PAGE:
Is biodegradable the same as compostable? (7 applications of composting)

In this article, the difference between composting and biodegradability will be analysed. Other covered topics would be: 

  • What is composting?
  • What are the types of composting?
  • What are the applications of composting?
  • What is biodegradability?
  • What is the importance of biodegradability?
  • FAQs

Is biodegradable the same as compostable?

Biodegradability and composting are not the same. Composting needs to be done under particular conditions of aeration, temperature, light and presence of microbes; whereas, biodegradability does not depend on such specificities. 

The end result of composting (compost) is of good value always and can be used to improve soil, conserve water, and cut down GHG emissions. Whereas, in the case of biodegradability it is not incumbent that the end result is positive. 

Therefore, in a one-liner, it can be summarised that all compostable material is biodegradable but all biodegradable material is not compostable. 

What is composting?

Composting is a process in which organic matter is converted into compost. A compost may act as a natural fertiliser that may improve the organic contents present in the soil. 

There are various drivers of composting that are responsible for making compost from waste. These may include microbes, right conditions of temperature, pressure and aeration. Under these conditions, the degradative capacity of microbes is augmented leading to the formation of compost. 

This compost has numerous benefits which advocate that more composting should be done not just by organisations and institutions, but also by every household. 

The greatest advantage of composting is that it is an efficient way of reducing and recycling waste while also increasing the organic contents of the soil. There are many stood out applications and advantages of composting which will be detailed in the remaining sections of the article. 

An understanding of composting is very important in discerning the difference between composting and biodegradability. That is because both the terms have a lot of similarities and that is why they are often used interchangeably. 

Let us explore what can be composted. Examples of materials that can be made a compost include:

  • Eggshells
  • Fruits 
  • Vegetables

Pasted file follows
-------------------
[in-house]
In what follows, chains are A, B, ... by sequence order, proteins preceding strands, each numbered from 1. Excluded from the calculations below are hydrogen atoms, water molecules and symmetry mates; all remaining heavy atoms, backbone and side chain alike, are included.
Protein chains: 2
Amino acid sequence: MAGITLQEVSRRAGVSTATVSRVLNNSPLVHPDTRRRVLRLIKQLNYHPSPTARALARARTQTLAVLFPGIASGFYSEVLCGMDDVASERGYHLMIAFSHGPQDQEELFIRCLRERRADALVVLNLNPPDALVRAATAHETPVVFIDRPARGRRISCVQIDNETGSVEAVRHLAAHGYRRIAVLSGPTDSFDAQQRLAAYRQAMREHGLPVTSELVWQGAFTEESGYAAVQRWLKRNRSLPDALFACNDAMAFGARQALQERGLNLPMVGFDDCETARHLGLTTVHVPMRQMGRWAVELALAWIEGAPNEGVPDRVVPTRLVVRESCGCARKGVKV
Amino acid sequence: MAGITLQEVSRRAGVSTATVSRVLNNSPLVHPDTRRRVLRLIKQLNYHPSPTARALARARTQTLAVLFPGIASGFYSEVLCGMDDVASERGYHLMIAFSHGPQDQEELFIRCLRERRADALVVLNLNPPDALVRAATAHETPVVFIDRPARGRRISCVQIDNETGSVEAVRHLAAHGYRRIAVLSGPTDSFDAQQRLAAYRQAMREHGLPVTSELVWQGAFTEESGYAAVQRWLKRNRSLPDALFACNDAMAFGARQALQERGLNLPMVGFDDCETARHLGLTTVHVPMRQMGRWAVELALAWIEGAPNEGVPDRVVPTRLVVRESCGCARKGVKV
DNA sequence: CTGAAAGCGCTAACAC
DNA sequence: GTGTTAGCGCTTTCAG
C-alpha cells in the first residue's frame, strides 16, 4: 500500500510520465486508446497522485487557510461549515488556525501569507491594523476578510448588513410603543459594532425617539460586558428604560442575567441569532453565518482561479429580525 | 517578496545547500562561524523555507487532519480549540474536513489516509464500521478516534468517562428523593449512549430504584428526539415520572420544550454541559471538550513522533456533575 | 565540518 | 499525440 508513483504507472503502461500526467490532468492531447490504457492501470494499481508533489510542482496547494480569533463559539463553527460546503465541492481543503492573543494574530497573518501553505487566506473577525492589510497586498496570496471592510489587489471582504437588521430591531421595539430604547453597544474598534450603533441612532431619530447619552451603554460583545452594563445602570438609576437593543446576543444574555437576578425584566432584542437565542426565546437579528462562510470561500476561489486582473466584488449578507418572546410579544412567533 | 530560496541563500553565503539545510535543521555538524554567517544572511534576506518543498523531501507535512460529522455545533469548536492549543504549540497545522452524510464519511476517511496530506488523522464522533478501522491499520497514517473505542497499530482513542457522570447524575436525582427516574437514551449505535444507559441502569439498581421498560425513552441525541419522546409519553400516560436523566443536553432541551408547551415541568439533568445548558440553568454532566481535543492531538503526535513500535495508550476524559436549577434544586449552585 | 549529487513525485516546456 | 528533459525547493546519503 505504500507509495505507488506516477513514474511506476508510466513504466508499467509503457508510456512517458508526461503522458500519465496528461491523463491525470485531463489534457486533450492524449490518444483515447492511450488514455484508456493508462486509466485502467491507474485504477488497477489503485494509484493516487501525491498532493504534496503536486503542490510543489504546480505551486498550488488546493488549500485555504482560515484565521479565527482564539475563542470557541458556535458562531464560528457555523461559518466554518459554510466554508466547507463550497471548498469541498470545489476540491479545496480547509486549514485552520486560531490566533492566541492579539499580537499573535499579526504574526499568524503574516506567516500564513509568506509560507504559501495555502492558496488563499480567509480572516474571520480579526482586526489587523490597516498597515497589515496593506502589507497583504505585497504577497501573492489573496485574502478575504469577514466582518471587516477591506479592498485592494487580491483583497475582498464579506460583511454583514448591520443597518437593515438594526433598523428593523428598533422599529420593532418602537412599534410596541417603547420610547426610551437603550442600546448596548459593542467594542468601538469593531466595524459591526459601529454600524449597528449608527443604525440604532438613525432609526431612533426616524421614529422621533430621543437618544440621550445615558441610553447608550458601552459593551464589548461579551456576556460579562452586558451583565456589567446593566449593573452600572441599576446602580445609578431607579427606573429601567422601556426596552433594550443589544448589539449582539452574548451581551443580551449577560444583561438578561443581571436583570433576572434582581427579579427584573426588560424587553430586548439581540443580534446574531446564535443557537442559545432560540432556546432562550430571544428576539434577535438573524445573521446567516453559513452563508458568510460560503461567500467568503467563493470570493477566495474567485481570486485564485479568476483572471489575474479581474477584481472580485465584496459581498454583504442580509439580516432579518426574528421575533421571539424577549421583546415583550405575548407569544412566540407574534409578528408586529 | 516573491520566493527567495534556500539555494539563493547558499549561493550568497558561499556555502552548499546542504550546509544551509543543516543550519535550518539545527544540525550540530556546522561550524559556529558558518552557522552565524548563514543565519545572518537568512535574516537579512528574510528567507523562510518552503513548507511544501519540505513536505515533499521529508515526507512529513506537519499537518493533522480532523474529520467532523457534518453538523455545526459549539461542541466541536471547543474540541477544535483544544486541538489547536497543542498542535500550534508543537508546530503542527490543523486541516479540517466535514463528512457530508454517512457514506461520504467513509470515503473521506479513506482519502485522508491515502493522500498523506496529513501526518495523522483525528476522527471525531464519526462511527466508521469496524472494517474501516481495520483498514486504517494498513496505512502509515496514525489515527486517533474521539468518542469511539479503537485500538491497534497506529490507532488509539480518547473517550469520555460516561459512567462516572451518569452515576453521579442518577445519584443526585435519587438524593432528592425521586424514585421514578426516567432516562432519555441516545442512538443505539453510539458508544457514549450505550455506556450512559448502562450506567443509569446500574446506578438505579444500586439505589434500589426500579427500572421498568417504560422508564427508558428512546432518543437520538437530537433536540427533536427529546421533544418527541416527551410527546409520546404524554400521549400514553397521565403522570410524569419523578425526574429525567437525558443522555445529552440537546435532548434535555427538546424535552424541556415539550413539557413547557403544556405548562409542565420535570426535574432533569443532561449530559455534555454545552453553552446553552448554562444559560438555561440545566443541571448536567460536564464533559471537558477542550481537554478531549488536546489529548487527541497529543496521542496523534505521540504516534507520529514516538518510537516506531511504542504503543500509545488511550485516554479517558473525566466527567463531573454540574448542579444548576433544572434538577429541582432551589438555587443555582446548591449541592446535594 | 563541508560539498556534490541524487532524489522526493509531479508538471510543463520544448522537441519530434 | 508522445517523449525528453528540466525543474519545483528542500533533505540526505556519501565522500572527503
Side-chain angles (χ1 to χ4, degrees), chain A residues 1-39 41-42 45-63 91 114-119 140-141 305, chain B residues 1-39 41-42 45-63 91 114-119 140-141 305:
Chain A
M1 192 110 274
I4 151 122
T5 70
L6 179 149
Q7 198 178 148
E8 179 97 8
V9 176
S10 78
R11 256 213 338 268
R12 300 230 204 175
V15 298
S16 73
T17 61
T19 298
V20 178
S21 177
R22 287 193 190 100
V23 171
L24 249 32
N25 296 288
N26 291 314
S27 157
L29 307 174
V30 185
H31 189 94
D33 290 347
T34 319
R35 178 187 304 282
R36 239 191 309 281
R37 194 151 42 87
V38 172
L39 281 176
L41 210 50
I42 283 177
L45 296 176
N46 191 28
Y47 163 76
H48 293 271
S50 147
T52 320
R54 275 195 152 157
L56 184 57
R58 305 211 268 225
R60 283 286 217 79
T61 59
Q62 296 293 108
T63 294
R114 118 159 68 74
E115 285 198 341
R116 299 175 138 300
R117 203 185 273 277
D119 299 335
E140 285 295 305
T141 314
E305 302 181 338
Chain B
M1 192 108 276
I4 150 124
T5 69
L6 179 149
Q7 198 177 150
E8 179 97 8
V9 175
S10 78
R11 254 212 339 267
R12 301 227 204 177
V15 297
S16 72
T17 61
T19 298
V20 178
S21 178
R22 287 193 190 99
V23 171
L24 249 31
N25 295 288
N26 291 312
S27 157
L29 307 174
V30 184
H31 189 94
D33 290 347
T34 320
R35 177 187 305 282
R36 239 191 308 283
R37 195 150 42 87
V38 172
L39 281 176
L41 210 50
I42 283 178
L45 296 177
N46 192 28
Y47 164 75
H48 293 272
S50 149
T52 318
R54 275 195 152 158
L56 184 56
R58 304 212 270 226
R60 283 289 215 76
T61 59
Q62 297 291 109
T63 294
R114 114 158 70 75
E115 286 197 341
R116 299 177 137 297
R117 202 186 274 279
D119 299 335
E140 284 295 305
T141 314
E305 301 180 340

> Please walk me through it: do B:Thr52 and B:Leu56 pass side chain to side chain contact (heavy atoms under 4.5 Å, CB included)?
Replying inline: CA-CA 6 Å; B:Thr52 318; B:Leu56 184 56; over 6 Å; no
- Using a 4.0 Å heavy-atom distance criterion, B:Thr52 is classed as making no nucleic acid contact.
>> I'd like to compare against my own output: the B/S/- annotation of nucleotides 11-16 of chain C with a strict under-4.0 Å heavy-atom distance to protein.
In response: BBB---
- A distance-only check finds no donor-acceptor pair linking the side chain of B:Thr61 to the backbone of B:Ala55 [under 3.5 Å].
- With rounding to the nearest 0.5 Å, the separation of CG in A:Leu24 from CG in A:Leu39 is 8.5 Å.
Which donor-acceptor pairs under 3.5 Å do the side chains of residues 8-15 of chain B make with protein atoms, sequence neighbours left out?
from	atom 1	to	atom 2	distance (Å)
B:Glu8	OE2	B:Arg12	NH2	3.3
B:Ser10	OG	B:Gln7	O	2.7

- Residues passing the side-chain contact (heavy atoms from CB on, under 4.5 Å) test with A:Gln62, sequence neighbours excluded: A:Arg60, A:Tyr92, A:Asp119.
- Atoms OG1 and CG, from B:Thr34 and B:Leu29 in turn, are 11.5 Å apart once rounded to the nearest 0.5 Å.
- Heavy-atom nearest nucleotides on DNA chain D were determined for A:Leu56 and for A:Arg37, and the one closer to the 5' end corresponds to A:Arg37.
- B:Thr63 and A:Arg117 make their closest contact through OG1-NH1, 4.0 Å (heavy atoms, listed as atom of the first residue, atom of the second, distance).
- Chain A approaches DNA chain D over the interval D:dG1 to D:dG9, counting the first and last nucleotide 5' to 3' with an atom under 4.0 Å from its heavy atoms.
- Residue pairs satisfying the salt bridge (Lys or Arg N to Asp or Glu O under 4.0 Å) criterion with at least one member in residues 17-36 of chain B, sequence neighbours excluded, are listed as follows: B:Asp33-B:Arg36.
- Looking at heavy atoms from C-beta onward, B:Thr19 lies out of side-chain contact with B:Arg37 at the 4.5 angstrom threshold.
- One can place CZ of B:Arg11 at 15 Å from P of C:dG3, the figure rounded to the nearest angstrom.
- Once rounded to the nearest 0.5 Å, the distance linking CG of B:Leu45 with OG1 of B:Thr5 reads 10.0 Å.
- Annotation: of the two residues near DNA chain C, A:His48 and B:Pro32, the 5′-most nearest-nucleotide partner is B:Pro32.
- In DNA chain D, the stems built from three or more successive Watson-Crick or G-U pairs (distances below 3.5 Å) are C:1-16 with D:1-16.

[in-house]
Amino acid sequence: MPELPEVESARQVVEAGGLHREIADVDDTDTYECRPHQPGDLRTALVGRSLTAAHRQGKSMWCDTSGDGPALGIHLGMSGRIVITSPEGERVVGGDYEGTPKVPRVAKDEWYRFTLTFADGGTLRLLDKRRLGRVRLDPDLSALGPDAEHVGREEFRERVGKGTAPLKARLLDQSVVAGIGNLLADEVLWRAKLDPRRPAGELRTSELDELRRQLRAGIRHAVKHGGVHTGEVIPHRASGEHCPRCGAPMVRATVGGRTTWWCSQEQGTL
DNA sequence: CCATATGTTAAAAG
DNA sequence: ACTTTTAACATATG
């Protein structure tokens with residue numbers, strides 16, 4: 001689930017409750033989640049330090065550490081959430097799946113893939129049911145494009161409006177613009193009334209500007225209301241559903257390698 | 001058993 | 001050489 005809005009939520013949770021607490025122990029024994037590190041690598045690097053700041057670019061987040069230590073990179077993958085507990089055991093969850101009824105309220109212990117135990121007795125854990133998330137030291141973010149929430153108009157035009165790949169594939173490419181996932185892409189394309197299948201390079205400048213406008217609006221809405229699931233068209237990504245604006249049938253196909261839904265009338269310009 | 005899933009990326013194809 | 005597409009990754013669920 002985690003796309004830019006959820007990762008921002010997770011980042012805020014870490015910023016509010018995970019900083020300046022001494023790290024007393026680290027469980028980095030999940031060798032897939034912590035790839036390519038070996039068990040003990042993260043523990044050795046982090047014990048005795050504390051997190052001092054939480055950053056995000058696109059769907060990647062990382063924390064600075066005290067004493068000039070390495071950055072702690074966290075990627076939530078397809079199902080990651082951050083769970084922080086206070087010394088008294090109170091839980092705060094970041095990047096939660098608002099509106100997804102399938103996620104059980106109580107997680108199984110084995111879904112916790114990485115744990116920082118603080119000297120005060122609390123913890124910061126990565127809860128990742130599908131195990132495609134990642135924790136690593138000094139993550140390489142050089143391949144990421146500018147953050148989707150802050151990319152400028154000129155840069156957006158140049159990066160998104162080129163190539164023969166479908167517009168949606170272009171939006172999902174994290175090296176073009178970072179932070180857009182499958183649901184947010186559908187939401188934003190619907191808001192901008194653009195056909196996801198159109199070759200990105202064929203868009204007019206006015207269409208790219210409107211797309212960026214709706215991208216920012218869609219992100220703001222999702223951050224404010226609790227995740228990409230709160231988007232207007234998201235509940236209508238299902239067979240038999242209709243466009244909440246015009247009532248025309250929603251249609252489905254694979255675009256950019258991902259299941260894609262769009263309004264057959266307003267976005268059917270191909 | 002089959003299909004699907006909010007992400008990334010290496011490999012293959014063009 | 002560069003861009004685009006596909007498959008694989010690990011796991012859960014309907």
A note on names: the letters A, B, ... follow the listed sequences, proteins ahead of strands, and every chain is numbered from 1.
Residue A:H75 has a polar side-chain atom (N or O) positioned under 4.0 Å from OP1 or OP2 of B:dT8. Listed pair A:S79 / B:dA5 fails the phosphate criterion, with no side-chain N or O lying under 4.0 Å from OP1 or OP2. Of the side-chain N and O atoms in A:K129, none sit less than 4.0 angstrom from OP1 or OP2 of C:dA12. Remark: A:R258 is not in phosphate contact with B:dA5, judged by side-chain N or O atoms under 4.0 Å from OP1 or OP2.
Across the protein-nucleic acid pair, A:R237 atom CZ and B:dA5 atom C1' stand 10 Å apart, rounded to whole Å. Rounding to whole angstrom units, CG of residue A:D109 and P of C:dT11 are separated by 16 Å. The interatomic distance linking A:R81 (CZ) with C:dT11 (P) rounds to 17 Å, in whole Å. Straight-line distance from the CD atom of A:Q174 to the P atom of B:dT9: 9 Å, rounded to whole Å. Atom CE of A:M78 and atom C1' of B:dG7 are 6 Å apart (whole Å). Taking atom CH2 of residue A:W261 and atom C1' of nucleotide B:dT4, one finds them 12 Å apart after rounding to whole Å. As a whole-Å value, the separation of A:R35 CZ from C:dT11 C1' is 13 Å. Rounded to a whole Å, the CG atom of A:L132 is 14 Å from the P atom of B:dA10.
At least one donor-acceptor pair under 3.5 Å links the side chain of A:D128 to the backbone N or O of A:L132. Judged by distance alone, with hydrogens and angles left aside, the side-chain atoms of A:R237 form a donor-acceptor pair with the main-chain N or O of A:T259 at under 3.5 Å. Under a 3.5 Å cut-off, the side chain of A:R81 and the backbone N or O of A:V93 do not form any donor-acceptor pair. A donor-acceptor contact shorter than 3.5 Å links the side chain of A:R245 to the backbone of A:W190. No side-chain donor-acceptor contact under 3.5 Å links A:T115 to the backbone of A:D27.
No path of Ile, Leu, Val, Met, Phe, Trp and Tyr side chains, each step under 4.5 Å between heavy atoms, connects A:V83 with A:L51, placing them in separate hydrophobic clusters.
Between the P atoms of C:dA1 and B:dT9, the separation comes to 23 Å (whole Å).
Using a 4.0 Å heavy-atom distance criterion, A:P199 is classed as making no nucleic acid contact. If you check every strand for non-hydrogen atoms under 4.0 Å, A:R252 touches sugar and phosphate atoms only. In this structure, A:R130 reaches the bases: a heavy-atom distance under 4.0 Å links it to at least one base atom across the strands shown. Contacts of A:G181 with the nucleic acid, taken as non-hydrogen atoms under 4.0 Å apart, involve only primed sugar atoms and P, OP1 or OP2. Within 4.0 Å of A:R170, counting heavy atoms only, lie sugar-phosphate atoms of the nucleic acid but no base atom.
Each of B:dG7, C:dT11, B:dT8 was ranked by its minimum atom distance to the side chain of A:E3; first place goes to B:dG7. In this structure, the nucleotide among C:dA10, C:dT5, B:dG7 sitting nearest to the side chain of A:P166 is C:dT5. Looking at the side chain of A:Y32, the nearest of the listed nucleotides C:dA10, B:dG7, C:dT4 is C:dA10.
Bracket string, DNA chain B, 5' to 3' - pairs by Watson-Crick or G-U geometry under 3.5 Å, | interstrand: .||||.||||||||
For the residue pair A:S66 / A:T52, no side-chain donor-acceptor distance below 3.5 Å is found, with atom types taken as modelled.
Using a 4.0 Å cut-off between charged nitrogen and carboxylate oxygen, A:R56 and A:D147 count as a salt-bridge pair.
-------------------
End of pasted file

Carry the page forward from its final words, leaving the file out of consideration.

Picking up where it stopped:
• Grass clippings
  • Paper
  • Tea bags
  • Newspapers
  • Nutshells 
  • Leaves
  • House plants
  • Hair 
  • Fur
  • Fireplace ashes 

What are the types of composting

There are usually two types of composting. These are:

  • Cold composting
  • Hot composting

The first type of composting is less managed composting. You don’t have to invest much time and resources in this type of composting. Simply put, you employ nature for this type of composting. 

While cold composting may appear appealing, it has a number of disadvantages too. For example, since there is no need to tend to the waste put in the process of cold composting, this process will take much more time as compared to hot composting. It may take more than 2 years. 

If you are up to cold composting, you need to make sure that you have ample time and an undisturbed place for this type of composting. Patience is the key here. 

Another disadvantage anchored with the cold composting process is that since there is no high temperature involved, this type of composting is bound to provide room for microbes and decomposers. 

In this scenario, chances are that the microbes present in the compost may cause health implications to you and therefore, care and precautions are necessary in this case. 

The other type of composting is termed hot composting because it requires more management, more labour and of course, high temperature. 

This type of composting will not let you put all the work on mother nature. You will have to step up and do your part. That is why this hot composting is regarded as a more managed and organised form of composting. 

Hot composting also overcome the issues that are linked with cold composting. Since it requires a greater degree of management, the time required for this type of composting is reduced. It may happen in about 4 months. However, in some cases, hot composting may also take up to 12 months. 

The issue of microbes is also overcome in the case of hot composting. Since this type of composting is done at higher temperatures, chances are that you do not need to worry about the microbes problem in this case. 

Be it hot composting or cold composting, each has its own merits and demerits. There is always a tradeoff when it comes to natural processes. What really matters is what is your need based on which you will need to choose one.